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Rocks of Reconciliation, oil on canvas, 26 x 30, scsmith © 2011

 

Jasper Johns is quoted as saying, "When you work you learn something about what you are doing and you develop habits and procedures out of what you're doing."  Sometimes, when you talk to people about your work, you realize the reasons why you choose the subject matter and the approach that you use, reasons that might not translate well in polite company but are valid none the less. But to talk around these ideas out of "politeness" makes you more vulnerable to making stupid explanations like "farsightedness."

So I guess it's true what Henri Matisse said: "Creativity takes courage."

Of course, you don't need to add the boringly predictable ready made images that you probably like part unless you want your gallery director to boot you out the door.  No.  That would not be good. 

 

Quotes from Artist To Artist: Inspiration & Advice from Artists Past & Present, compiled by Clint Brown, Jackson Creek Press, Corvallis, Oregon, © 1998


The Argument For the 1% Solution

My last post discussed the argument that painting is 1% inspiration and 99% perspiration, in that the artist must be fully aware of what he wants to communicate and how he is going to accomplish it.  But today’s post looks at the counter argument that intuition is just another name for accessing the right side of the brain and producing solutions that the left hemisphere could never conceive.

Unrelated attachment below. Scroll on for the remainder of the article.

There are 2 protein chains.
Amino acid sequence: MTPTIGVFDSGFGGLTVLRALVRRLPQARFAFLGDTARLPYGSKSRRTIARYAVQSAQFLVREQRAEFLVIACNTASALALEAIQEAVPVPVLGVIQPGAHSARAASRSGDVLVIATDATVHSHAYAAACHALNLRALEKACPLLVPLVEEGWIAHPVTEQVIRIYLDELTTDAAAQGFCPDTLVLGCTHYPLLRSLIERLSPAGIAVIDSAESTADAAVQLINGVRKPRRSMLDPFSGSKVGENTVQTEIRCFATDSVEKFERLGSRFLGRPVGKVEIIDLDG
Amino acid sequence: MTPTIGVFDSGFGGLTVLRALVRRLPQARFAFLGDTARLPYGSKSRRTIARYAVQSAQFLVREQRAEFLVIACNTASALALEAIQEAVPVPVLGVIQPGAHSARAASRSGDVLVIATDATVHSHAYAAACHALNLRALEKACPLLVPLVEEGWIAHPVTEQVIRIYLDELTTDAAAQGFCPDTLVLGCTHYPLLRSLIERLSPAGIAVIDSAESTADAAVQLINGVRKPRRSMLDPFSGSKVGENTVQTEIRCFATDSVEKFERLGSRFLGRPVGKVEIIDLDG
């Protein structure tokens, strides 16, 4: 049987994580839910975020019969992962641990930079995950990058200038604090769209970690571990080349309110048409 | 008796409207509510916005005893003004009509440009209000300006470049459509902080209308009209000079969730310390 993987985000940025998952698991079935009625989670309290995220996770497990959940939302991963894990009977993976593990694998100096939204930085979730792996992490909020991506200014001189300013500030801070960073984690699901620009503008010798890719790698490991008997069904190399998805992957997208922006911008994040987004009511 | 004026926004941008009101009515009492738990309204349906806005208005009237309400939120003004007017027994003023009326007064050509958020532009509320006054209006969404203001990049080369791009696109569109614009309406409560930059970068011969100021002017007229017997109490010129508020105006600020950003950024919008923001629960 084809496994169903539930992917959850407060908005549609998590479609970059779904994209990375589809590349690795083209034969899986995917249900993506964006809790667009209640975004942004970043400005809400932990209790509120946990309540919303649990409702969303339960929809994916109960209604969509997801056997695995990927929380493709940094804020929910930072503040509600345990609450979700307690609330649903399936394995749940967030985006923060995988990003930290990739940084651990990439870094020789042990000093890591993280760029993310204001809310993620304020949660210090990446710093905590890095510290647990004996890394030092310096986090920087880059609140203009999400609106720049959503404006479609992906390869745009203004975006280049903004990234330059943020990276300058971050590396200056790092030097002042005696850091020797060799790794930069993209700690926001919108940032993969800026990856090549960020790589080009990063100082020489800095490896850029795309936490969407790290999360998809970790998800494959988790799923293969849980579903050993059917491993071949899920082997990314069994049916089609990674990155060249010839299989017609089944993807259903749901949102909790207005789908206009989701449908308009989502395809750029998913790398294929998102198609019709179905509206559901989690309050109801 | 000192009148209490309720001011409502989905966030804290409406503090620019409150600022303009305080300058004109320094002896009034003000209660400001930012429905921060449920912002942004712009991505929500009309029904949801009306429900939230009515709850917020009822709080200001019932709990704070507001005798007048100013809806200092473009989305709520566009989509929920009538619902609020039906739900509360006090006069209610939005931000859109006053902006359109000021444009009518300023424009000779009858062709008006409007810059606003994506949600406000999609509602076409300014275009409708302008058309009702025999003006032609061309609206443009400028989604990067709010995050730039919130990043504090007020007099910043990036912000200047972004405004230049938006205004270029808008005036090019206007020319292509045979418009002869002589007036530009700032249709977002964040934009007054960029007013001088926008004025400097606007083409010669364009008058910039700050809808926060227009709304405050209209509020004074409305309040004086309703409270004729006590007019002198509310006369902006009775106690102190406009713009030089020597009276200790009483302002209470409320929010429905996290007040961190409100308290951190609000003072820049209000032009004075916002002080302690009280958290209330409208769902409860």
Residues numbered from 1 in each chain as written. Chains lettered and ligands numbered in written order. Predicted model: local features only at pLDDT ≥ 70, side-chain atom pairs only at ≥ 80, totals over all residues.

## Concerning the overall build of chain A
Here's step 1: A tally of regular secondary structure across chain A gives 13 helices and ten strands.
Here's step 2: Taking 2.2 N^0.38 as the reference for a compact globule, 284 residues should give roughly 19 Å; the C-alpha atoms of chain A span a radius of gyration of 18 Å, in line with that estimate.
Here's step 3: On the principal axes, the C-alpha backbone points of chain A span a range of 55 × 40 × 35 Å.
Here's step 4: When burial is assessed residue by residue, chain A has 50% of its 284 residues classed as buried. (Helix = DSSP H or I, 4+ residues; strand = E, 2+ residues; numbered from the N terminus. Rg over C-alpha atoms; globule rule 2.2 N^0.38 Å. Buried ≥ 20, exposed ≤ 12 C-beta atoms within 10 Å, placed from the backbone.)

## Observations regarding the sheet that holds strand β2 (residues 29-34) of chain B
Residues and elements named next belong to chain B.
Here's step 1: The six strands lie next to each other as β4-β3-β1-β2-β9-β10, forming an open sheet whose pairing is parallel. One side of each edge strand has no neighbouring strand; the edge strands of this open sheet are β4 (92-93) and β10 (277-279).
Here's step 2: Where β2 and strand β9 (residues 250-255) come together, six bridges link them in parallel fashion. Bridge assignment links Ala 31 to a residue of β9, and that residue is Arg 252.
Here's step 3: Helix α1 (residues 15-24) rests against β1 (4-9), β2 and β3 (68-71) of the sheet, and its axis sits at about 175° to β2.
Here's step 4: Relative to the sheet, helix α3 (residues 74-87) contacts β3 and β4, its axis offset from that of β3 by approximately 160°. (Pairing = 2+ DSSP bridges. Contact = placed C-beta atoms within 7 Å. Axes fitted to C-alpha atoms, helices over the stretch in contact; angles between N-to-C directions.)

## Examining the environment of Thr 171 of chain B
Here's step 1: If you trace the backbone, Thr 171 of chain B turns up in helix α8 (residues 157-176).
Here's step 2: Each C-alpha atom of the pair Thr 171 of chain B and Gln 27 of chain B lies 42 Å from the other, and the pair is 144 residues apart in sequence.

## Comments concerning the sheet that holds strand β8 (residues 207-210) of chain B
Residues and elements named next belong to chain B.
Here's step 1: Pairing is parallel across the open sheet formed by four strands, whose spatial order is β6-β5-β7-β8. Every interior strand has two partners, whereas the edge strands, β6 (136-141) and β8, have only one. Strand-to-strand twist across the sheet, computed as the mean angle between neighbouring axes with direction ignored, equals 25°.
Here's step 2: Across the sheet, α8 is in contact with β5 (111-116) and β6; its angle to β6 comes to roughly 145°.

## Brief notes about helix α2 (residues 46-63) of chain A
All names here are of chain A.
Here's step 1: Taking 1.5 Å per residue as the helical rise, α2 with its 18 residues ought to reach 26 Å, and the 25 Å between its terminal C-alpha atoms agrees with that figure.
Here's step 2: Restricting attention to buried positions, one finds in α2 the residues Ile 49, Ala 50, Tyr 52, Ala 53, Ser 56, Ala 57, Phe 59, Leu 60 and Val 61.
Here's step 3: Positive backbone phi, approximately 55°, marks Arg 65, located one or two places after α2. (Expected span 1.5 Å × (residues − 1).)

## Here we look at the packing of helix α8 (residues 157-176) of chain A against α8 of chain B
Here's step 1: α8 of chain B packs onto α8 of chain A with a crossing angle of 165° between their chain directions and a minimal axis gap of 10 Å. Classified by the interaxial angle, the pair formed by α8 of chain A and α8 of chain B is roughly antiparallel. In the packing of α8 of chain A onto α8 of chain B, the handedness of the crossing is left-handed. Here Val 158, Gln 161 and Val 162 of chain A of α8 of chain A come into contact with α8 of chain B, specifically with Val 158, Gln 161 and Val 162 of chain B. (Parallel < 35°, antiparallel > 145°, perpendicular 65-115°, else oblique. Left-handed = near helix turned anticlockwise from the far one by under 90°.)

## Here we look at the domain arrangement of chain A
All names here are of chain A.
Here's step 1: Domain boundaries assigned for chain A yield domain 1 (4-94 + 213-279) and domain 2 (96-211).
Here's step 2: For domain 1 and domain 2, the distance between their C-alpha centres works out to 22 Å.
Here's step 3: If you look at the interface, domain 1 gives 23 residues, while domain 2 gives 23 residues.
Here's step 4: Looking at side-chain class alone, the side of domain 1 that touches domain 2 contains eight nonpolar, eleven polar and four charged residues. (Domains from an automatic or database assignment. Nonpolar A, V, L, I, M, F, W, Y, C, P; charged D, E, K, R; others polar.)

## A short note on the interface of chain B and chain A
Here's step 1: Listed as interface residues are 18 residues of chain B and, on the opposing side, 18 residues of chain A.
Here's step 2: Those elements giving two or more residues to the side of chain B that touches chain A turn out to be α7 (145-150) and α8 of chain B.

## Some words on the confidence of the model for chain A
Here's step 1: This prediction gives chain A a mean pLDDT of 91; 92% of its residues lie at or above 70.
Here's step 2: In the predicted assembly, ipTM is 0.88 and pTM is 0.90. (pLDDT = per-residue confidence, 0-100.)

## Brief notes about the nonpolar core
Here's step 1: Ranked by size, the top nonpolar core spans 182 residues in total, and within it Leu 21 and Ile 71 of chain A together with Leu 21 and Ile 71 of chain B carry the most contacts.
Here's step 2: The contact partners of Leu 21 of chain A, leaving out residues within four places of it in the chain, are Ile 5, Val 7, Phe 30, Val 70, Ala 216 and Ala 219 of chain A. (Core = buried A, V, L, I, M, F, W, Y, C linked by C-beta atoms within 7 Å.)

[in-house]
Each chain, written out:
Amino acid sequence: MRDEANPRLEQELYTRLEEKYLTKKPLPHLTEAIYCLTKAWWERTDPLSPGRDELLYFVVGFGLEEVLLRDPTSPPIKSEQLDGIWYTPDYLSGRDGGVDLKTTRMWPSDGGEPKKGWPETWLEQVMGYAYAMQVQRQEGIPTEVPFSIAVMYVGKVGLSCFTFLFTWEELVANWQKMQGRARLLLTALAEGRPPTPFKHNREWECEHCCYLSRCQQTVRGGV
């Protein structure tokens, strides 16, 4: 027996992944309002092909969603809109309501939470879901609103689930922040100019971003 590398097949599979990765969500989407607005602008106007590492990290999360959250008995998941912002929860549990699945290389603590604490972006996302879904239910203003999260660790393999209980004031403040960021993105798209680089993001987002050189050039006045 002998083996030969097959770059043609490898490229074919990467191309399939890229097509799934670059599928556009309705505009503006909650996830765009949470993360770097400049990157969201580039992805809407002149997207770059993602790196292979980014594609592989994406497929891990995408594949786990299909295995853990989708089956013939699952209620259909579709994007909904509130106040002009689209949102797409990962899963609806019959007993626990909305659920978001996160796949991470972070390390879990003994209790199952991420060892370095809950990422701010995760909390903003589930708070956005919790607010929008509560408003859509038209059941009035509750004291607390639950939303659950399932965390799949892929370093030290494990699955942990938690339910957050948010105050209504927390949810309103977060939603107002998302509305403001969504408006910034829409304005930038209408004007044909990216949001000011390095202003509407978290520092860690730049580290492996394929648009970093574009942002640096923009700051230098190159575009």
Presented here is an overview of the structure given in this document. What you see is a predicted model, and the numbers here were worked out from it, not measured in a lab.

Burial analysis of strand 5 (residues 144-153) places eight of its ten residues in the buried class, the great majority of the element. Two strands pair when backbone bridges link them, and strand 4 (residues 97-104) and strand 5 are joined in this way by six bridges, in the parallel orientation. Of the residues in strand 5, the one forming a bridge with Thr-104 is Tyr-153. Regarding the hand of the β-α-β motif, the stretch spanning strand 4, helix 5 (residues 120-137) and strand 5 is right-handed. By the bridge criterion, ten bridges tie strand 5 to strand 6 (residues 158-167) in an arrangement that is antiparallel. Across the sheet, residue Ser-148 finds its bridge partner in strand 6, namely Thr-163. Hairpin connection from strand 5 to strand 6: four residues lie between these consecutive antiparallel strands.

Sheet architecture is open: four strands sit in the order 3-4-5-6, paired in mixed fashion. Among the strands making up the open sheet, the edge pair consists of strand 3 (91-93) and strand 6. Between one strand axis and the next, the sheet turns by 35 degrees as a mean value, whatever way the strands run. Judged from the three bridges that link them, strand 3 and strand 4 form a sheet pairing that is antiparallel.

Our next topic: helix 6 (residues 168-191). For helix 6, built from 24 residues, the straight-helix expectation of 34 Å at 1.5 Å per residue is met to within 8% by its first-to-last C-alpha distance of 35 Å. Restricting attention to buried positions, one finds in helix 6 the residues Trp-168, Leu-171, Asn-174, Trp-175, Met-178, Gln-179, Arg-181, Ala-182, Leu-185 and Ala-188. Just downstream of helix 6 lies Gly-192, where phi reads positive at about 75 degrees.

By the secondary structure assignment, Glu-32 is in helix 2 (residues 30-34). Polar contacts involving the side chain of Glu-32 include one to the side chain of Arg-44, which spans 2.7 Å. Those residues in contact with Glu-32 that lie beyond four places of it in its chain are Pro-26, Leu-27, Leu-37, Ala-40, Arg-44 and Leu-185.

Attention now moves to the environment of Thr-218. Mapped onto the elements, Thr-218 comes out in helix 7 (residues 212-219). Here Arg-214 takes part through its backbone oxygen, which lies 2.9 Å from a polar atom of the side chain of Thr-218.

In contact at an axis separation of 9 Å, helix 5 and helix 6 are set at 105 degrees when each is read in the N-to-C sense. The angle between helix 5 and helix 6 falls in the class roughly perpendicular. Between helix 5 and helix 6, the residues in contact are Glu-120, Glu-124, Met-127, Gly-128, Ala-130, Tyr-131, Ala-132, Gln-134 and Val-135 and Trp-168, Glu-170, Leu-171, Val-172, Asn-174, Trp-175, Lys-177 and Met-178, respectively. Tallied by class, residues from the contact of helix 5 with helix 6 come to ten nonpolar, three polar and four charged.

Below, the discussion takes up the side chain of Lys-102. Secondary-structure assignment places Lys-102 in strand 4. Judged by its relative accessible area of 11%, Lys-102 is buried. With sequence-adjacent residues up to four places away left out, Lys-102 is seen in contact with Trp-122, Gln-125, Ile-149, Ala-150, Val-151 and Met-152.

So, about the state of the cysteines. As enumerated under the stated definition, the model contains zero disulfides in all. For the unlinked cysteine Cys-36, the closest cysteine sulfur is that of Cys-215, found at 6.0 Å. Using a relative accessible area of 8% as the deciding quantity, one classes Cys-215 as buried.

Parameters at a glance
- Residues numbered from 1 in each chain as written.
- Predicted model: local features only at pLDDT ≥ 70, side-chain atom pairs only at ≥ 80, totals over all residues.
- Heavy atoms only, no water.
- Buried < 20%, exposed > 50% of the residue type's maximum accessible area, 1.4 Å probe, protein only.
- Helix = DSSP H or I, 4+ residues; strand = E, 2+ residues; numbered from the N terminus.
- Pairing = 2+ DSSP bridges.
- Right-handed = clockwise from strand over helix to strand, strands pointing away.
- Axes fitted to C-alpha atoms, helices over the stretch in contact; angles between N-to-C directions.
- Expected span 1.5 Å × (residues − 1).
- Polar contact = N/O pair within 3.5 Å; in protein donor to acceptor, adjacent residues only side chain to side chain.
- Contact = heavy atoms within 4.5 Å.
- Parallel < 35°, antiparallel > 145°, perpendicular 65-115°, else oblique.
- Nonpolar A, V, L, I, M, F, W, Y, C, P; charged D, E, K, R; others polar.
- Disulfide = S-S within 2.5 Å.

Sometimes we get that glimmer of an idea, or an emotion, or a higher truth that flashes across our mind and we want desperately to clarify it before it gets away. Or we finish a painting and then find ourselves looking closely at certain passages and wondering how we accomplished the result.  Painting in the flow, when most of the decision-making arises from the creative center of the brain, is one of our most fulfilling artistic experiences.  No doubt about it.